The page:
Perpetuating a myth

They’re at it again – doctors diagnosing Van Gogh’s mind and body. This time it’s the psychiatrists who have taken a crack at him in a 2-day conference last week at The Hague in the Netherlands, concluding that “possibly bi-polar” or a “borderline personality” induced him to take his ear and his life. What’s wrong with that conclusion? Let’s count the ways. Using the word “possibly” in a diagnosis is synonymous with making plans -- weather permitting. It’s not conclusive.

As Van Gogh Museum’s senior researcher Louis van Tilborgh put it, “It's impossible to draw a final conclusion about his illness." Yet, that didn’t stop the museum from mounting its new exhibit "On the Verge of Insanity."

You call this research?

Non-stories like this about Van Gogh’s state of health are legion. This column’s favorite tale came out of Japan in 2011 when Dr. Kazuori Asada identified the cause for the artist’s intense reds and greens in “Night Café” as colorblindness. Clearly Dr. Asada didn’t know what the artist famously said about this painting, that he used those shades to convey the “terrible passions of human nature.”

Doctors have also linked Van Gogh’s signature wavy lines to glaucoma, which is like saying that the artist Max Beckmann distorted his images because maybe macular degeneration warped his vision, ignoring Beckmann’s explanation that he sought to express the horrors he saw as a medical corpsman in WWI.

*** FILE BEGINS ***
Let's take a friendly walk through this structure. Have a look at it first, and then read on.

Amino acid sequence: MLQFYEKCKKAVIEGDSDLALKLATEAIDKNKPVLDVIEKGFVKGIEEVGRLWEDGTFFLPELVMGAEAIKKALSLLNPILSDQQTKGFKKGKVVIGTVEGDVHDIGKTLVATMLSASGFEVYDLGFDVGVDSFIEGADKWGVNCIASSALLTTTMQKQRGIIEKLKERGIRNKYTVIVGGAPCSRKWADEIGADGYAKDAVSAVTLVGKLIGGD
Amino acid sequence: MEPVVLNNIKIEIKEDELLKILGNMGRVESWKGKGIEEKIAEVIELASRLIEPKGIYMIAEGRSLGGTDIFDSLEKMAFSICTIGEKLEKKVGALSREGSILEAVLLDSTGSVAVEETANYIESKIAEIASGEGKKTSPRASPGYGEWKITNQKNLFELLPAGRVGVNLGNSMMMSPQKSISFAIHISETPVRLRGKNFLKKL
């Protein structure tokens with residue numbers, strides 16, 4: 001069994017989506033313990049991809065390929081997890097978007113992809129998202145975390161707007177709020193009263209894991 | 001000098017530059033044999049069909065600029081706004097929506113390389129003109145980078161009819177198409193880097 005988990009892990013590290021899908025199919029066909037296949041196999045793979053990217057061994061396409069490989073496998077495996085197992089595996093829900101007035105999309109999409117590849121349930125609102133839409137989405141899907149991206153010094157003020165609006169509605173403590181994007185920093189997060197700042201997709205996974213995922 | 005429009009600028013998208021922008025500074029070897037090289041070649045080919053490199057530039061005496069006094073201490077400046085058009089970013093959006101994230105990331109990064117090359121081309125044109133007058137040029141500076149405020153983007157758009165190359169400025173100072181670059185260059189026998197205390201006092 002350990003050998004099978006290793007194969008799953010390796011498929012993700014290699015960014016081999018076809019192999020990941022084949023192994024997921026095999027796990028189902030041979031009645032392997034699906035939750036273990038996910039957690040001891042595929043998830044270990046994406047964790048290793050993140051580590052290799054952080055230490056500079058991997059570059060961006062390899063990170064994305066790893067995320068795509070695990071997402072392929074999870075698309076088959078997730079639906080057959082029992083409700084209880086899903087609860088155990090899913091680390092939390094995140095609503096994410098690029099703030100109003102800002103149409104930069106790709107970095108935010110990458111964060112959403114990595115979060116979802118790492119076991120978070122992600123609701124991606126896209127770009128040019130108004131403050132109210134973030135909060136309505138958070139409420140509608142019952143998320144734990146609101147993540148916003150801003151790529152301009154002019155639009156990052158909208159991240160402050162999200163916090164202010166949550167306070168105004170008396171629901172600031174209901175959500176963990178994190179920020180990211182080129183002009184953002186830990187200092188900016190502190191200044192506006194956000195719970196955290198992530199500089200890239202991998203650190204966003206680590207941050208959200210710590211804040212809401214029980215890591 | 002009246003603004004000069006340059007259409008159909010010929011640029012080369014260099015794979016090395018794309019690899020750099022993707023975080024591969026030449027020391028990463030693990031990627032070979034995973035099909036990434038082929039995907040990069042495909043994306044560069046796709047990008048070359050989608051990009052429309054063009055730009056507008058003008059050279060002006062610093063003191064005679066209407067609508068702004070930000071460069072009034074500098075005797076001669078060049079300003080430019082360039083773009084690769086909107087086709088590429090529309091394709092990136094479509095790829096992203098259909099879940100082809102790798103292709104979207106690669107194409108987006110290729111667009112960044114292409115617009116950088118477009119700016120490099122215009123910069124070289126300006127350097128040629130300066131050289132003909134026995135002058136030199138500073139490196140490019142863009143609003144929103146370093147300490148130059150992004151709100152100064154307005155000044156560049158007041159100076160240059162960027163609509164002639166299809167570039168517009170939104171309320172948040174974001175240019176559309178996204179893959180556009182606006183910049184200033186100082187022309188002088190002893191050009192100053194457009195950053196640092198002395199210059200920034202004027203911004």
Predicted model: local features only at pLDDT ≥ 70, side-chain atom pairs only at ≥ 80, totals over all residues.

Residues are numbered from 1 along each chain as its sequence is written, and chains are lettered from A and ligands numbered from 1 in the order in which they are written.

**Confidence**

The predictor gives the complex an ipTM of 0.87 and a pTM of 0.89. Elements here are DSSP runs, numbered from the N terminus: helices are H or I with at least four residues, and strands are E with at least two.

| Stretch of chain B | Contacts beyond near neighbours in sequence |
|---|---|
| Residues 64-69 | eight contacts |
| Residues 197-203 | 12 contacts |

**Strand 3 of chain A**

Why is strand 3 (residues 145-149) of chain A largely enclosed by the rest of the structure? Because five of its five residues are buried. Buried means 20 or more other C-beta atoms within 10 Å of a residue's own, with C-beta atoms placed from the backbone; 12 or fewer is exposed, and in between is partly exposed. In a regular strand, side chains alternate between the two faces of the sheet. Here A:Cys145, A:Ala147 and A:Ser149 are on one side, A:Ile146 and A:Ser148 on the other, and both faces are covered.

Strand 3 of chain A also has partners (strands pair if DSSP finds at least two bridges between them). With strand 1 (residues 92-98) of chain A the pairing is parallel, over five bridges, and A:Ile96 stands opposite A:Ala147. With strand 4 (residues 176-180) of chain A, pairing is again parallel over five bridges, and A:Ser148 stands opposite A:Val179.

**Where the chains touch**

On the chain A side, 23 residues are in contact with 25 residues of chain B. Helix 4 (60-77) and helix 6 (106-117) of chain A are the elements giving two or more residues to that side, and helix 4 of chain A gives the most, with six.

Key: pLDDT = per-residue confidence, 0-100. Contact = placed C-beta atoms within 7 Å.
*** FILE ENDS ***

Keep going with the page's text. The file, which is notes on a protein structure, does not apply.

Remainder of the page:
Stuck in a rut

Meanwhile, back at The Hague and the attempt to explain why Van Gogh destroyed his ear and the rest of him. Given the research done by the Dutch doctors, they need to get out more. In 1990 the Journal of the American Medical Association deemed that the artist suffered from tinnitus, a ringing in the ear and that he performed the self-surgery to stop the ringing. As for the artist’s suicide, again, the Dutch are obviously out of touch.

Van Gogh’s biographers, Steven Naifeh and Gegory White Smith, made it known in 2012 that he didn’t kill himself. Someone else did that.

The shooting occurred in a cornfield where Van Gogh went to paint a mile from his lodging. He was later seen stooped as he was coming back to his room where he crashed with a bullet in his stomach from which he died two days later. The biographers cited a finding from forensic scientist Dr.

Vincent Di Maio, an authority on gunshot wounds, who said the wound was not self-inflicted.

The mad artist myth

But you don’t need a forensic expert to tell you that a homicide was committed. No one shoots himself in the stomach to off himself. The Van Gogh Museum can’t seem to accept that he was victim of a murder. The exhibit title “On the Verge of Insanity” suggests that murder spoils the picture that museum officials paint of him as a long suffering artist. Whatever sells tickets.

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